5. A gelatinous elastomer composition of claim 4, wherein said styrene end block to ethylene and butylene center block ratio is about 32:68 to about 38:62.
6. A gelatinous elastomer composition of claim 4, wherein said styrene end block to ethylene and butylene center block ratio is about 32:68 to about 36:64.
7. A gelainous elastomer composition of claim 4, wherein said styrene end block to ethylene and butylene center block ratio is about 32:68 to about 34:66.
8. A gelatinous elastomer composition of claim 2, wherein said oils having an average molecular weight of between about 200 to about 700.
9. A gelatinous elastomer composition of claim 3, wherein said oils having an average molecular weight of between about 200 to about 700.
10. A toy solid hemisphere article formed from a gelatinous elastomer composition according to claim 1 wherein said article exhibits high creep, craze, tear, and crack resistance and is substantially free from oil bleedout.
11. A flexible toy rod formed from a gelatinous elastomer composition according to claim 2 wherein said article exhibits high creep, craze, tear, and crack resistance and is substantially free from oil bleedout.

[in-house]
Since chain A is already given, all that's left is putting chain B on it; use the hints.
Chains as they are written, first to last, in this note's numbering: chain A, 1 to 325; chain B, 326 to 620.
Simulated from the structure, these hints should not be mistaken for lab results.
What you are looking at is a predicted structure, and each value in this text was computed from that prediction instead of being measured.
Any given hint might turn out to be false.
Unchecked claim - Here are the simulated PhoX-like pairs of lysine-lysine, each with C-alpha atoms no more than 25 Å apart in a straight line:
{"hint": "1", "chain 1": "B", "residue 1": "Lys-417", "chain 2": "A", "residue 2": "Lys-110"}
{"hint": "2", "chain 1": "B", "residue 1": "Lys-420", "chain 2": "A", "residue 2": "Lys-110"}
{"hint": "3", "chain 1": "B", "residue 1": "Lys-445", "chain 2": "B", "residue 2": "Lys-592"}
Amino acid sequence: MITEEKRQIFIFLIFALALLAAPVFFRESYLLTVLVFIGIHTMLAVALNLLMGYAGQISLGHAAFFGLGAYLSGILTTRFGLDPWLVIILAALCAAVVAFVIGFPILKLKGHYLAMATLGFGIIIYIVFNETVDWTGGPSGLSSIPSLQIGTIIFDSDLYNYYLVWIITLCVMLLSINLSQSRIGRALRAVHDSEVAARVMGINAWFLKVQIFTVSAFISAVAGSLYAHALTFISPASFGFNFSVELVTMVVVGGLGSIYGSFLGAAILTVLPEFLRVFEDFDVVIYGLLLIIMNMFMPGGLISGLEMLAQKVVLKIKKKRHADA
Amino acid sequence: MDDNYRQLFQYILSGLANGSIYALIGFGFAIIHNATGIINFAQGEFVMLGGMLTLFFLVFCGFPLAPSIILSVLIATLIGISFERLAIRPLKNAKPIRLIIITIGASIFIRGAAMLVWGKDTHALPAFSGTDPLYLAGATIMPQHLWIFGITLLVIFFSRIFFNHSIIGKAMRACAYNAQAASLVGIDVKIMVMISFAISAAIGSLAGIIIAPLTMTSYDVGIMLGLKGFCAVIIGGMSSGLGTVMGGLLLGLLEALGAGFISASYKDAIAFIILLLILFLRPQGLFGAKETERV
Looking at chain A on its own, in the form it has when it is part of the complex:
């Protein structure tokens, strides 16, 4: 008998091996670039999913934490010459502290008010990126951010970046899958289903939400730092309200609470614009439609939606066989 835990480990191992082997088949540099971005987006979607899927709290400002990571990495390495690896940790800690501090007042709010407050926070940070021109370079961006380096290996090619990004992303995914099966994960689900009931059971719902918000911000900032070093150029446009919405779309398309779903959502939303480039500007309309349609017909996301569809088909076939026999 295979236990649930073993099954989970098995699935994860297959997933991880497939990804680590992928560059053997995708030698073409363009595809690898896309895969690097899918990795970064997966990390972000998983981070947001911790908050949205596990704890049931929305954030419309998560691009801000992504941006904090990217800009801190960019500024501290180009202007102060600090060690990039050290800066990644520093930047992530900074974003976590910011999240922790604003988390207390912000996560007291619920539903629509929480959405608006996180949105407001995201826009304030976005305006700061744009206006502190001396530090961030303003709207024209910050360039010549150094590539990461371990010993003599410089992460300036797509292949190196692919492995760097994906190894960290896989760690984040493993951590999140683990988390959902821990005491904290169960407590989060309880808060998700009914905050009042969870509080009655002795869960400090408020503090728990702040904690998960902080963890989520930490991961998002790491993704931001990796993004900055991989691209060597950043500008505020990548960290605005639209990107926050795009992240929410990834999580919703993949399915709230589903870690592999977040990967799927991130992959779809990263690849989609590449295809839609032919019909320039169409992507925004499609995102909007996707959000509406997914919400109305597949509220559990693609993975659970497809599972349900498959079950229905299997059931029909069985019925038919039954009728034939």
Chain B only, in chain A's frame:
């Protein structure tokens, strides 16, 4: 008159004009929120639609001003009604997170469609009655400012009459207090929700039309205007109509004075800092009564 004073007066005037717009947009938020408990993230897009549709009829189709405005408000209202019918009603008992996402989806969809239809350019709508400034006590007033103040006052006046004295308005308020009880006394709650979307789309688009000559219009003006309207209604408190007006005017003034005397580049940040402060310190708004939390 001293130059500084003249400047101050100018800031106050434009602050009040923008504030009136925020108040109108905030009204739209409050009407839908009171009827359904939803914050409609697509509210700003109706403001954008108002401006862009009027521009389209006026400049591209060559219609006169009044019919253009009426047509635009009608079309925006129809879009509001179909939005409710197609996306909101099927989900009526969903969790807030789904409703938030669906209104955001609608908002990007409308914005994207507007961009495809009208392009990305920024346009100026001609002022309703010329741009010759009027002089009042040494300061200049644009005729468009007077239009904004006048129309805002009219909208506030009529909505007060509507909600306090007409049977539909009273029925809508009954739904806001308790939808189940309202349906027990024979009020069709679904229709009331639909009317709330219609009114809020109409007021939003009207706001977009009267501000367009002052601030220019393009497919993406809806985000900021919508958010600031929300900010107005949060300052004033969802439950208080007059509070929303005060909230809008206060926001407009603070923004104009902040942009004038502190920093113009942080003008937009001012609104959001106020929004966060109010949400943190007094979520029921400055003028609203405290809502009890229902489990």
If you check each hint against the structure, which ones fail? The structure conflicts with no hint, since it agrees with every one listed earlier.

12. An article formed from a gelatinous elastomer composition according to claim 3.
13. A cladding for optical fiber made from a gelatinous elastomer composition according to claim 4 wherein said article exhibits high creep, craze, tear, and crack resistance and is substantially free from oil bleedout.
14. A prism formed from a gelatinous elastomer composition according to claim 7 wherein said article exhibits high creep, craze, tear, and crack resistance and is substantially free from oil bleedout.
15. A gelatinous elastomer composition of claim 1, wherein said styrene end block to ethylene and butylene center block ratio is about 32:68 to about 38:62.
16. A gelatinous elastomer composition of claim 1, wherein said styrene end block to ethylene and butylene center block ratio is about 32:68 to about 36:64.
17. A gelatinous elastomer composition of claim 1, wherein said styrene end block to ethylene and butylene center block ratio is about 32:68 to about 34:66.
18. A article formed from a gelatinous elastomer composition according to claim 1 wherein said article exhibits high creep, craze, tear, and crack resistance and is substantially free from oil bleedout.
19. A article formed from a gelatinous elastomer composition according to claim 16 wherein said article exhibits high creep, craze, tear, and crack resistance and is substantially free from oil bleedout.
20. A article formed from a gelatinous elastomer composition according to claim 15 wherein said article exhibits high creep, craze, tear, and crack resistance and is substantially free from oil bleedout.